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King of Comedy, The

Fox // PG // December 17, 2002
List Price: $19.98 [Buy now and save at Amazon]

Review by Gil Jawetz | posted December 26, 2002 | E-mail the Author

While some of the biggest films of the 80's have recently shoved their way through to DVD (ET, Back to the Future) one of the best has quietly slipped onto shelves. Martin Scorsese's The King of Comedy is a darkly uncompromising film about obsession. It pits the fan against the celebrity and doesn't even attempt to create any likeable characters.

The King of Comedy tells the story of Rupert Pupkin (Robert De Niro) and Jerry Langford (Jerry Lewis). Langford is a Johnny Carson-style late night talk show host and Pupkin the aspiring stand-up comedian who won't rest until he gets his shot. The thing of it is that Pupkin doesn't have the regular kind of ambition. He doesn't have a finely honed act or a will to write great jokes. He mostly just wants the end product; the success. Specifically, he wants Langford's success. And he tries to chip off some of that Langford magic several ways, first by more or less fabricating an encounter, then by hanging around Jerry's office, then his house, and finally by kidnapping the comedian.

Despite that plot turn this is no hipster heist caper. Scorsese's off-beat rhythms and De Niro's droll performance create a real air of danger and perversity. Pupkin practically attacks Langford and his employees (notably Shelly Hack) but without ever using more than words and his eyes. He goes from faux sincerity and humor to icy anger and bitter disappointment in an instant, a transition the very unbalanced Pupkin makes countless times in the film. This isn't a guy on the verge of snapping, we sense, but rather one whose been over the edge for quite some time.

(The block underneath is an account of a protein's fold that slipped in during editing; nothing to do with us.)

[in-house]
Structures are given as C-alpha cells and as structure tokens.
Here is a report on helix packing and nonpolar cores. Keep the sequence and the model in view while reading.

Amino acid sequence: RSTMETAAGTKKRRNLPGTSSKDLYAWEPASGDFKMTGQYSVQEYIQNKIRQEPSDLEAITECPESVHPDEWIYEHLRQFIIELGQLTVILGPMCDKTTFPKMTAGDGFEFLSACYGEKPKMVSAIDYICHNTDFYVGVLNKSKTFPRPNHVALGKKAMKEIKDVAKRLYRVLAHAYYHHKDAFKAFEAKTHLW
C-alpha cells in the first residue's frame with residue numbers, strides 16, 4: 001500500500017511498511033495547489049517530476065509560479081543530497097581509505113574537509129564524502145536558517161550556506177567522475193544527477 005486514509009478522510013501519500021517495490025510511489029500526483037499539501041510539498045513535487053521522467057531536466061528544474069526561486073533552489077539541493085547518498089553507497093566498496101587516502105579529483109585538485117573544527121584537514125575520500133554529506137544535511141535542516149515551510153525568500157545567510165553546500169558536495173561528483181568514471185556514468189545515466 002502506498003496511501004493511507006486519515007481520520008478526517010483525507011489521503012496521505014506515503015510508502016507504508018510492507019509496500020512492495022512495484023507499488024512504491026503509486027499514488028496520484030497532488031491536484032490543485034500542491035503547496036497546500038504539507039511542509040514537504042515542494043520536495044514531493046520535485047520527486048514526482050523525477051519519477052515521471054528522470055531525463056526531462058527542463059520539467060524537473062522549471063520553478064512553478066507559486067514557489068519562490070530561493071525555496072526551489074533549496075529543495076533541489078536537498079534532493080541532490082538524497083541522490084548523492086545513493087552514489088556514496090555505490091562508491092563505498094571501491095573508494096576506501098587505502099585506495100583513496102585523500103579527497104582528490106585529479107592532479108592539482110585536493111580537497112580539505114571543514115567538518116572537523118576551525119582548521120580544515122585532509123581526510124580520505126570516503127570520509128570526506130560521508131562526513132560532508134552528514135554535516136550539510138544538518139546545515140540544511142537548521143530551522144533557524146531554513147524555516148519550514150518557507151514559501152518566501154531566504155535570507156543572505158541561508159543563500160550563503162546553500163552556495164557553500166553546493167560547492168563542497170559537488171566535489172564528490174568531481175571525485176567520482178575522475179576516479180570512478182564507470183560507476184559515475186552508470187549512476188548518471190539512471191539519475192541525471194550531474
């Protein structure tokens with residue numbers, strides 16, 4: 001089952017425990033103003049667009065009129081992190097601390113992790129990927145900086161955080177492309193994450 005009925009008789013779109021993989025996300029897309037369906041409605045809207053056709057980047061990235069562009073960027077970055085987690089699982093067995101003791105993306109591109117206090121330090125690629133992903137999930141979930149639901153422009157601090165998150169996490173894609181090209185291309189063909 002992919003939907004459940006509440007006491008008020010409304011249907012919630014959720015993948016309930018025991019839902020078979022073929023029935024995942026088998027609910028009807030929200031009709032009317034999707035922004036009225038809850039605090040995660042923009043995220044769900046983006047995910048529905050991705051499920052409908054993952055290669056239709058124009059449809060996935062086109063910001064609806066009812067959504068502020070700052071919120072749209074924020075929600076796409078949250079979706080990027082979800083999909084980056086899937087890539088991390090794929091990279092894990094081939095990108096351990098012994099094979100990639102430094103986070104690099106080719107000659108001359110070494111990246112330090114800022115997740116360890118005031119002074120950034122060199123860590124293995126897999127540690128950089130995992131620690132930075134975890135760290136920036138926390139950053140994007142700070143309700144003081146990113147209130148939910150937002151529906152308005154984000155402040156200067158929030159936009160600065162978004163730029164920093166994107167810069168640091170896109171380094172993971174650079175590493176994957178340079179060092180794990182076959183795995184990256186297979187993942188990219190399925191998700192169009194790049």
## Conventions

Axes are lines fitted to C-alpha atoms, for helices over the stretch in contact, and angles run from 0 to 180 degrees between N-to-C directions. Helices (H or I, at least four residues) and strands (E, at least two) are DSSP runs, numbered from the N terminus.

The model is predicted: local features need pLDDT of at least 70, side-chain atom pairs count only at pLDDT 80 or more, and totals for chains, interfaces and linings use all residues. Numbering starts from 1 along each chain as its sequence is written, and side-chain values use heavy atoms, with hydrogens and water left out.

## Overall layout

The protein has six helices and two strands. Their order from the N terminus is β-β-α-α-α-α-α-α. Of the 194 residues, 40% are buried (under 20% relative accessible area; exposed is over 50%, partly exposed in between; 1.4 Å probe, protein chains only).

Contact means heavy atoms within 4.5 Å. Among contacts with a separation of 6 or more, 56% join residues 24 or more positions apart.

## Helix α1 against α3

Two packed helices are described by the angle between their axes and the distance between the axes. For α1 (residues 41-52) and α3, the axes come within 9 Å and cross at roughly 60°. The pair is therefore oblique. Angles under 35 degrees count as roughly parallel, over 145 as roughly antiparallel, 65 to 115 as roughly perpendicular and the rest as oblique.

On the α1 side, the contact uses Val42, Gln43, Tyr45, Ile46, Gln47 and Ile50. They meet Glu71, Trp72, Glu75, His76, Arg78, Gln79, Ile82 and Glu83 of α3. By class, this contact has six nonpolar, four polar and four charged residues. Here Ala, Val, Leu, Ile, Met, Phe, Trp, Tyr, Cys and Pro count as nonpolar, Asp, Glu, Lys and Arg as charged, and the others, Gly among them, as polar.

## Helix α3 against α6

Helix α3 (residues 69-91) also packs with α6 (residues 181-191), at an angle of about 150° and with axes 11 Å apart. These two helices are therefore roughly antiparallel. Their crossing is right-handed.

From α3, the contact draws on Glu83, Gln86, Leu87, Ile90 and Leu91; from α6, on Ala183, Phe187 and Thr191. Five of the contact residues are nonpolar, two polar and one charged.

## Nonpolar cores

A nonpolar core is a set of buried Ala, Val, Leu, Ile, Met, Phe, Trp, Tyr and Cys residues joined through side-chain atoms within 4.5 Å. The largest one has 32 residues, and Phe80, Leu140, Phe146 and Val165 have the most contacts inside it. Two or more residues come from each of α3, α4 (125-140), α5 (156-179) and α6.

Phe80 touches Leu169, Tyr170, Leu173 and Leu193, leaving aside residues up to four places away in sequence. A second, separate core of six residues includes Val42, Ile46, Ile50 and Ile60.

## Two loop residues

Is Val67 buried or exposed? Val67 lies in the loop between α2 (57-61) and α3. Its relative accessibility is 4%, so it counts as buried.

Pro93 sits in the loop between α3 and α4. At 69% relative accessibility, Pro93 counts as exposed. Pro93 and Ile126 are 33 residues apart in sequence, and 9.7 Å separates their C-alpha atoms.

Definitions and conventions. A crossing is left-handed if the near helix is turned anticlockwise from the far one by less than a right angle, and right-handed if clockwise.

If there's a symmetry to Scorsese's films (The Last Waltz and New York, New York are musical flip-sides, Mean Streets and Goodfellas zip up and down the mob totem pole) then Rupert Pupkin is a twist on Taxi Driver's Travis Bickle. Both characters have no place in society but both drift through it fairly unnoticed. Pupkin, like Bickle, aspires to achieve some sort of greatness, although his is an entirely selfish one. He doesn't seem to even want the happiness that many people think financial success will buy them. He just wants the fame. In a way that makes him even more twisted than the famously psychotic Bickle. There are no reasonable explanations for Pupkin's obsession.

Still, it's an obsession that a lot of people have. The crowds gathered outside Langford's studio waiting for a glimpse or an autograph are identical to real crowds outside shows and concerts. Pupkin's "friend" Masha (Sandra Bernhard) is the kind of inexplicably wealthy nutjob with nothing to do with her money than to try and get near famous people. Her character is nearly as twisted as Pupkin's and Bernhard delivers a knock-out performance that stands as one of the best female turns in a Scorsese film.

Similarly, Jerry Lewis delivers a surprising and unpredictable performance. His Langford displays almost none of the wacky charm of Lewis' own character creations. He's a gruff, unfriendly man who draws a clear line between his television persona and his private one. More than most kidnapping victims, he's one that you can barely muster up any sympathy for.